Talent Times Three

Categories: 2021 January-February Issue, Figurative, Genre, Landscape, Oil, Riley, David Frederick, Strachov, Gregory, Watercolor, Wildlife, and Winborg, Jeremy.

It’s always exciting when we feature artists and their art for the first time within the pages of Art of the West. That is just what we are doing on the following pages, as we share with you the words and works of three contemporary Western artists: David Frederick Riley, Gregory Strachov, and Jeremy Winborg.
While their journeys and subjects differ, what they share is a love of creating art. Riley evolved from painting portraits to wildlife in muted tones. Strachov is fascinated by rocks, finding a beauty in them that most of us wouldn’t see. Winborg captures the strength and beauty of Native Americans, particularly women.

These three New West artists also share a common goal. They are committed to creating works that are stunning, that move viewers to stop, look, and become immersed in their beauty.

We invite you to sit back, turn the pages, and treat yourself to a visual feast of their creations.

Read the full articles in the January/February 2021 issue.


David Frederick Riley
40” by 40”

“Fox are easily one of my favorite animals to paint. When they look at you, you can see them thinking and calculating. I wanted to capture some of that with this painting. I pushed this idea further by using more saturated colors in the eyes and face and fading them towards grey into the body. This focuses us on the expression and the awareness behind it.”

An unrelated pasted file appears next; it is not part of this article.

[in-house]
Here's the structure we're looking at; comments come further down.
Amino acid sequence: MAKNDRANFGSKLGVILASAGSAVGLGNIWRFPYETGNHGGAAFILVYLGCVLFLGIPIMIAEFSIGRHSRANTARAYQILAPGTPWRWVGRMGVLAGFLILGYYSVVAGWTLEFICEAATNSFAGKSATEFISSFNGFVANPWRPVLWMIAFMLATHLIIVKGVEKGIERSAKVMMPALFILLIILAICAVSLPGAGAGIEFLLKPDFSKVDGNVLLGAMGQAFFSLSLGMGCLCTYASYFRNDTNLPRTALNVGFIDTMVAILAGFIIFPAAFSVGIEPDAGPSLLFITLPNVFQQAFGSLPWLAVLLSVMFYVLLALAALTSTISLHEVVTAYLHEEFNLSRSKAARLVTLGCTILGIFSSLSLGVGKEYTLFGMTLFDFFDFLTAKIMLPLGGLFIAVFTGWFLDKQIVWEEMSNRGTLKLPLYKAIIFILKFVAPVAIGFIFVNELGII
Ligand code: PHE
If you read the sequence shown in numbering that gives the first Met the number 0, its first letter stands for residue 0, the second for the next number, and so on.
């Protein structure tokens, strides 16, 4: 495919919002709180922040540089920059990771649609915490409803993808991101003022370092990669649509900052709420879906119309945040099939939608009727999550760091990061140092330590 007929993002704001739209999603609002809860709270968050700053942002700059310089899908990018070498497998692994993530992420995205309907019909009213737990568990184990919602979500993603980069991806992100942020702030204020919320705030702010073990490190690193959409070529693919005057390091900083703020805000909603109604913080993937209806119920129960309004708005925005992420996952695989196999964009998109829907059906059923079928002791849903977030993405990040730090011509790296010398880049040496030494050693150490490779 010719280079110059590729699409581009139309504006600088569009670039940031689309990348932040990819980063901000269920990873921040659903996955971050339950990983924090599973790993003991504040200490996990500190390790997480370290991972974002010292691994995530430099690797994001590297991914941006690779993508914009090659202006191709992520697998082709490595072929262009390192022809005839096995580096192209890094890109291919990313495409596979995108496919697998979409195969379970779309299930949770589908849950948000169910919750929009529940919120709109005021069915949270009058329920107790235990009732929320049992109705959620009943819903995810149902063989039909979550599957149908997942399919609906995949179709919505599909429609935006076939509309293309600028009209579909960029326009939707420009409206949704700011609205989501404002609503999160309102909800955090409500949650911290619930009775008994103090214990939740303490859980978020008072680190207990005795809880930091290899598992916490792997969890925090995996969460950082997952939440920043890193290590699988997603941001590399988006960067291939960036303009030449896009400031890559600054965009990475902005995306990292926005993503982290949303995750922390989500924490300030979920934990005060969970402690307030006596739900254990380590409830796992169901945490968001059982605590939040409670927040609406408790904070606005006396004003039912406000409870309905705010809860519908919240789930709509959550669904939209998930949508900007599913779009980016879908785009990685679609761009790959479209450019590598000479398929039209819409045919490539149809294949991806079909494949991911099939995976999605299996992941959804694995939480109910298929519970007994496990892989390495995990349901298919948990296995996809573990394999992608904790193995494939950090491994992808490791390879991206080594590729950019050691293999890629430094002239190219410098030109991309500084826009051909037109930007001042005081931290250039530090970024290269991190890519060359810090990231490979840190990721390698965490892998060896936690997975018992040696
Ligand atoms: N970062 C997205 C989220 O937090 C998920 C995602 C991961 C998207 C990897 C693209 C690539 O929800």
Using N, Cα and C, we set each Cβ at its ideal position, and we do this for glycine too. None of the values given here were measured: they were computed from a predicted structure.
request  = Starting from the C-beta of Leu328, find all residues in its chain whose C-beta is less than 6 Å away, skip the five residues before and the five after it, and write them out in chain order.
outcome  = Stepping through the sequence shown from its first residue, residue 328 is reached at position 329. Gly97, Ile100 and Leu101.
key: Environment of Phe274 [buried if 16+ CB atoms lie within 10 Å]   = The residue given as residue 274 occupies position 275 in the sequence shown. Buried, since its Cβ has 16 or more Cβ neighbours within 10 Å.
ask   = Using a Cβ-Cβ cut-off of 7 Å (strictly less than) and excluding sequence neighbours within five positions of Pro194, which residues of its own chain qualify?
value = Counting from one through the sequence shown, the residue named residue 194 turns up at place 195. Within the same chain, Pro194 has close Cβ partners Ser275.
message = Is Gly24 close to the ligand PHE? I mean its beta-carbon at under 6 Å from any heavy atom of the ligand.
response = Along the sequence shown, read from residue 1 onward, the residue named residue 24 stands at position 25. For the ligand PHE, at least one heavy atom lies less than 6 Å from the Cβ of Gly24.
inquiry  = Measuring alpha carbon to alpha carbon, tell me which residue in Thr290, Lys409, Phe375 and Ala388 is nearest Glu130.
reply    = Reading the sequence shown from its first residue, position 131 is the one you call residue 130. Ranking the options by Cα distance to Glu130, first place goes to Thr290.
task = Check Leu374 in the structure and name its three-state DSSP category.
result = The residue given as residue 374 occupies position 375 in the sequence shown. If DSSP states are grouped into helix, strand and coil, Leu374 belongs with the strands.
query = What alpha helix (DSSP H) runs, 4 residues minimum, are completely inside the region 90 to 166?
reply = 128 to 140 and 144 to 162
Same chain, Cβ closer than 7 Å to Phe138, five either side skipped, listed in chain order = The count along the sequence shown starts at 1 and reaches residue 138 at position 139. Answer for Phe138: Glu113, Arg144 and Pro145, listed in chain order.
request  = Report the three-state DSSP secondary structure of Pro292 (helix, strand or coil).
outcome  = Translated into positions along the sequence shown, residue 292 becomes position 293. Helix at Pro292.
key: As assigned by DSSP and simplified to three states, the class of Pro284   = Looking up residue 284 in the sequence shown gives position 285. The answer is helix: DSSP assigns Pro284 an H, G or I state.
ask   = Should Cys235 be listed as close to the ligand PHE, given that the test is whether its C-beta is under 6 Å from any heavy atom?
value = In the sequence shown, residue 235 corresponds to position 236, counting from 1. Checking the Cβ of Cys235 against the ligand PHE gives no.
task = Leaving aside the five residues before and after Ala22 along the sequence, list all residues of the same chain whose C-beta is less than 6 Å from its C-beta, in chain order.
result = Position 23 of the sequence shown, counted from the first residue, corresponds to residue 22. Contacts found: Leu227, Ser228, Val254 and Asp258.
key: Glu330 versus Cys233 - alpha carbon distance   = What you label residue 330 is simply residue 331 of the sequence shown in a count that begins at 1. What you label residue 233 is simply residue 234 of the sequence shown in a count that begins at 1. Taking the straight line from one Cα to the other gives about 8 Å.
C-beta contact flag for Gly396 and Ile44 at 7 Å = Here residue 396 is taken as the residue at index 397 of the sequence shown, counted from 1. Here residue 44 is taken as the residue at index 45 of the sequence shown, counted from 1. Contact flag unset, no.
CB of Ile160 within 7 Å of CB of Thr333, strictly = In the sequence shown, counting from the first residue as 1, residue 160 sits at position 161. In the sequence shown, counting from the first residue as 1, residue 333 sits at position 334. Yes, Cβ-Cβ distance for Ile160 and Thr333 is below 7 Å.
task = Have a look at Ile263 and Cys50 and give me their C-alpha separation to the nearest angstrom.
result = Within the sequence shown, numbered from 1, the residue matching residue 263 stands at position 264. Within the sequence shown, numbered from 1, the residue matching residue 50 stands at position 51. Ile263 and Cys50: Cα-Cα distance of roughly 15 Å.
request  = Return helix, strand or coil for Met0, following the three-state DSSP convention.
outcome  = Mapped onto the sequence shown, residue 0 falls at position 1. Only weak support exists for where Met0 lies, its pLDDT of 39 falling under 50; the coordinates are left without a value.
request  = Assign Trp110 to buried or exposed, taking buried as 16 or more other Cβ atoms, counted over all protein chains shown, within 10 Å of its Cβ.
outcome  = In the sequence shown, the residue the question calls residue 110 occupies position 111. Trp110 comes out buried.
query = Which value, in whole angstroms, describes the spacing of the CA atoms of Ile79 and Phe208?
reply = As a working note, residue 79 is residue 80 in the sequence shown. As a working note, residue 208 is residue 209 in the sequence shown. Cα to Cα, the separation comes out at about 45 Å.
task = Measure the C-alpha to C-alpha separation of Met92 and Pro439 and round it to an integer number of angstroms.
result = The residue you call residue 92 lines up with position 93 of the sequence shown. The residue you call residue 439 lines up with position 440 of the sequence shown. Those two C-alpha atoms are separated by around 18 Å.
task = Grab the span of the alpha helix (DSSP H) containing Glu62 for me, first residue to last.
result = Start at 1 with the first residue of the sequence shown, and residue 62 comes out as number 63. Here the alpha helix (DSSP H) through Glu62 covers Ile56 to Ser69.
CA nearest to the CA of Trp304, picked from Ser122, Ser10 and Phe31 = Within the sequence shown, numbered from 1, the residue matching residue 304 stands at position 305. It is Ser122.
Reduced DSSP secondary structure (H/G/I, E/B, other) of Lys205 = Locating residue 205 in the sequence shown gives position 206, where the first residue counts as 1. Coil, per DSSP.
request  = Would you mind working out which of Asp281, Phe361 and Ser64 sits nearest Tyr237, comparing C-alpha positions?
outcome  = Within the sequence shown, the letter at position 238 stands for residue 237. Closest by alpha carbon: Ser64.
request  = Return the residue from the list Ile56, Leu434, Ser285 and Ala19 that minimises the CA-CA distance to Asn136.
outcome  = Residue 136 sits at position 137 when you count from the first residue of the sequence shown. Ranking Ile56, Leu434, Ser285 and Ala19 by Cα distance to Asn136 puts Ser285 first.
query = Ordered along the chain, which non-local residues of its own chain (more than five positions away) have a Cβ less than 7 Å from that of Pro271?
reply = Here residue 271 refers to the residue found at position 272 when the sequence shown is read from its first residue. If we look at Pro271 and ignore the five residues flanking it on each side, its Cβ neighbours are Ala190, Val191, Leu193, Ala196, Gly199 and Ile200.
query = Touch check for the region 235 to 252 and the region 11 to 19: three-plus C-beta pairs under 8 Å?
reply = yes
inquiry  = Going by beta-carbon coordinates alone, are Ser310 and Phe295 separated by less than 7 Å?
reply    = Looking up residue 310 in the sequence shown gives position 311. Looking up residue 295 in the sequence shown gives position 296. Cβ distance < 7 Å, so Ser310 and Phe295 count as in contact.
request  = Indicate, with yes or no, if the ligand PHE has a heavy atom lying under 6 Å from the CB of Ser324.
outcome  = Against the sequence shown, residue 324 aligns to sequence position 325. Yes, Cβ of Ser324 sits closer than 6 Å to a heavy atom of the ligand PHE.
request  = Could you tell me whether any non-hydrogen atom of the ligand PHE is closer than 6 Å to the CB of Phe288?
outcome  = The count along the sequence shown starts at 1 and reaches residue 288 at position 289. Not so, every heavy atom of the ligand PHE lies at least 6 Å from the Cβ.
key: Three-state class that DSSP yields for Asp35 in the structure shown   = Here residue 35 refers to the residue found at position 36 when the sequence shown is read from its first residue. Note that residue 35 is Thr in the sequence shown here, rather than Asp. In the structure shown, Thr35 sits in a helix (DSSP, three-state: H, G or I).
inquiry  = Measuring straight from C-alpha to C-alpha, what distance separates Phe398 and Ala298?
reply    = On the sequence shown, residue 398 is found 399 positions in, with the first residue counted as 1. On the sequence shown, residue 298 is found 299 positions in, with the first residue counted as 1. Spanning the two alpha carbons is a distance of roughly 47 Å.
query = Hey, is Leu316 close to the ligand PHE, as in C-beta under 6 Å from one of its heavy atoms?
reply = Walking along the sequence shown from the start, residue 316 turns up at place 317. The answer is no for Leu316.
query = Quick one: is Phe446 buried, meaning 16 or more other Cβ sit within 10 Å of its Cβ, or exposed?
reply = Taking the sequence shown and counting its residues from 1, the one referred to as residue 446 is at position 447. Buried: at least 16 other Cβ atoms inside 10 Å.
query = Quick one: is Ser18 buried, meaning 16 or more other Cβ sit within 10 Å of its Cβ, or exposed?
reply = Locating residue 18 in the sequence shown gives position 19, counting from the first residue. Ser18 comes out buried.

Gregory Strachov
22” by 30”

“This is the first watercolor I did after surviving a second meningioma brain surgery. After that surgery, I had to rebuild myself in order to hold a brush. After my surgery, I was in the hospital, paralyzed for three months. It took quite a bit of effort to be able to walk, as well as to hold a brush. Survival is the perfect title for this work.”

Pale Moon Rising

Jeremy Winborg
22” by 22”

“It was fun to experiment with light on this painting. I want the main focus to be on the figure’s face. With light hitting only the top half of the painting, it directs that focus to her expression.”